All of the Ideas

Something that you hear a lot when you’re a writer is, “Hey! I’ve got a book idea for you!” or some variation thereof. Now, I know that when people say this, they are (usually) just trying to be helpful, but it can be a little irritating (and I’m sure that many writers will sympathize) because it’s not as if I can’t come up with my own ideas. In fact, I usually have the opposite problem: I have so many ideas it can be hard to decide what to to write next, or indeed to imagine ever having the time to write them all.

So how do I decide? Well, often I feel like I don’t choose the idea so much as the idea chooses me – sometimes an amazing, exciting idea will hit me out of nowhere (or after a long time of thinking and percolating and playing with different pieces of the idea until it suddenly clicks and comes together) and I just know that I NEED to start writing it, RIGHT AWAY. This is a feeling that my friend Lindsay has described as having your “brain on fire with genius”, and I think that describes it perfectly. When you’re hit with that kind of thrilling idea, you can’t NOT start writing. So when that happens, the decision is easy.

But what happens when you have multiple ideas you’re excited about? How do you decide?

It’s a good question, and one that I’m thinking about a lot right now, since I’m in that exact boat. I have a few ideas that I’m trying to decide between, and lately it seems like I prefer whichever one I worked on last.

There are a few factors I take into consideration. One is, what am I in the mood to write? It’s the same as when deciding what to read – usually I’m in the mood for a certain kind of story. My projects tend to be pretty similar genre-wise, so this is more about the tone or feeling of the story.

Another thing to consider, when thinking about publication, is what kind of book/story makes sense as the potential next book in my career trajectory. I don’t want something too similar to a previous book, and certainly not to the one that immediately preceded it; I also don’t want anything too wildly different. This is a place where my agent’s input can be very helpful, as she is more used to thinking in these terms than I am.

Along those lines, the current market is another thing to think about. Is there a readership for this particular story? Who will it likely appeal to? Is it too similar to one or more books that have already been published? Are books like this selling well right now? Thinking about this point in particular is a tricky balancing act – I try not to be too concerned with it until after I’ve started writing. If I’m excited about something and am enjoying working on it, that’s good enough to get started; when it seems like it might be a project I wanted to stick with and would like to publish, I consider these business aspects more closely. Again, this is another area in which my agent’s expertise is invaluable.

While all these things are important, at the end of the day what it always comes back to for me is: do I love this idea enough to put in the time necessary to make it into a real book? If it doesn’t speak to me on some sort of emotional level, it’s not worth pursuing. You need to spend so much time with an idea, with a story, in order to make it into a book: from the hours and hours spent drafting and revising, talking with your editor about edits, making line edits and copy edits and reading pass pages, and then talking about it in promotion. If you don’t really love it, this can all become a total slog – especially when you consider that even with a “book of your heart”, so much close and hard work on it can at times be very draining anyway. And so, when I’m in the position I’m in now, it’ll take a lot of thinking and playing around with the ideas and maybe talking about them and making notes before I can really decide which one needs to be next.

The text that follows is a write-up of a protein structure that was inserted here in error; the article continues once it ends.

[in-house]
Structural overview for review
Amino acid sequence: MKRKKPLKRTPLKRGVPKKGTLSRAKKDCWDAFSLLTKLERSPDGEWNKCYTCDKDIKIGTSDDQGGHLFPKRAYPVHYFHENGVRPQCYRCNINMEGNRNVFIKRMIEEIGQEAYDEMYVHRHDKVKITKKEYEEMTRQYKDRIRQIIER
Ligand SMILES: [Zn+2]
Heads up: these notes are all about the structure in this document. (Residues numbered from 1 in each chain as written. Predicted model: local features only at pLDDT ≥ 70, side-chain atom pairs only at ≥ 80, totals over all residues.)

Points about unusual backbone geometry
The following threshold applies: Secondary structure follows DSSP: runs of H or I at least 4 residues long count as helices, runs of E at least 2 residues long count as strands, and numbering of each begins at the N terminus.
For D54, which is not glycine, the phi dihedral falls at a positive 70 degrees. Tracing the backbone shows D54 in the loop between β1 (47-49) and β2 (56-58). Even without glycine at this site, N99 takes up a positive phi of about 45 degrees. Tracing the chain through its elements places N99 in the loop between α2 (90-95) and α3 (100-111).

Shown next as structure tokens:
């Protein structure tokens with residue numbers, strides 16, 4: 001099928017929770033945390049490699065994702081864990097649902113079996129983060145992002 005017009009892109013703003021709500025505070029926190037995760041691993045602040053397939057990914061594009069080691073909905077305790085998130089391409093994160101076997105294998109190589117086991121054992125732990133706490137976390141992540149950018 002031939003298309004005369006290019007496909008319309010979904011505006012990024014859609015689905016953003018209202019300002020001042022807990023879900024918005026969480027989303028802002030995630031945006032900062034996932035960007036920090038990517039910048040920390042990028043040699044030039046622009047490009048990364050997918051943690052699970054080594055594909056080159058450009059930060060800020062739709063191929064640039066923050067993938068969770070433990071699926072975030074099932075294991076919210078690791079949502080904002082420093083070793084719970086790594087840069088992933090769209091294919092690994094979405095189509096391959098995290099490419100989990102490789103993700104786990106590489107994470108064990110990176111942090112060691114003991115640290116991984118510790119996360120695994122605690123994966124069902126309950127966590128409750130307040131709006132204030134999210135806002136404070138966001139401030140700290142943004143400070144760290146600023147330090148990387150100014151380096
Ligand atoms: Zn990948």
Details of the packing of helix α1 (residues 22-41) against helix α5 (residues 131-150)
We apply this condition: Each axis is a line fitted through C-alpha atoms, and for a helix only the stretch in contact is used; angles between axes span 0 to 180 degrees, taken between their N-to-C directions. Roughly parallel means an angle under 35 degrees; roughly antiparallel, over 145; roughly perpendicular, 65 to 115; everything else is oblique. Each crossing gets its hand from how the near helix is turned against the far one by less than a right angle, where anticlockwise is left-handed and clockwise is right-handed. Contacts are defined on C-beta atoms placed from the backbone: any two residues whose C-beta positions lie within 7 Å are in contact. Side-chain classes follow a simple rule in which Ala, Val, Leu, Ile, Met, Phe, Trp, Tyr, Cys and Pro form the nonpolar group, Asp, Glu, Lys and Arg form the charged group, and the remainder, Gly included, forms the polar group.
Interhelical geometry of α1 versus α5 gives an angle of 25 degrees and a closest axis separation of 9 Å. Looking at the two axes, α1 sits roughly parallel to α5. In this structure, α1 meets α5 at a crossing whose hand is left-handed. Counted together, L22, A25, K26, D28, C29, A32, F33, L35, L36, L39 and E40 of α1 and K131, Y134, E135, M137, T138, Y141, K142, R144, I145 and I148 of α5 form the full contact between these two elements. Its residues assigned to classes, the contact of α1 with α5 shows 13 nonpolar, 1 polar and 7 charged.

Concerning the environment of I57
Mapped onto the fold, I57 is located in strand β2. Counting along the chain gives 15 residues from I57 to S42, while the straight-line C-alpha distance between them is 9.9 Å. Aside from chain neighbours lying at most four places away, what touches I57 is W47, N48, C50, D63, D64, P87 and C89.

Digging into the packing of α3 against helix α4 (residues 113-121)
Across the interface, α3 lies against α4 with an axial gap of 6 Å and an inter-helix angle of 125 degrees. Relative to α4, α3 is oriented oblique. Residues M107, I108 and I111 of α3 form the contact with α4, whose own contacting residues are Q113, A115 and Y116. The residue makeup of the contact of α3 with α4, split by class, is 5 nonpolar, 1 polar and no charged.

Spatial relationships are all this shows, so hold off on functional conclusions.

I have lots of basic ideas about people or events I’d like to write about, but the time for them just hasn’t come yet. I’m not sufficiently excited about them yet to drop everything and start actually writing them. I’m still waiting for that spark, for that last bit of inspiration, the last piece of the puzzle that will take an idea from a basic premise into something that I NEED to write. It’s happened before, where an initial idea that I had long before develops over time into just what it needs to be. That probably won’t happen for every book idea I’ve ever had, and that’s okay. I’ve got plenty to keep me occupied.

I have to be excited. I have to be inspired, and feel that the story has a place and has something to say. Because if I don’t love what I’m writing, why should I expect any readers to?

So if you tell me that you’ve got a great idea for a book for me, I will respond politely; I will maybe even agree with you that yes, that WOULD make a great novel. I am just not the person to write it. (My usual response lately is: “I think YOU should write that book!”) I’ve found that novel ideas can be a bit like dating: many of them are perfectly nice, but unless I feel that spark, unless there’s that certain undefinable chemistry, it’s just not going to work out.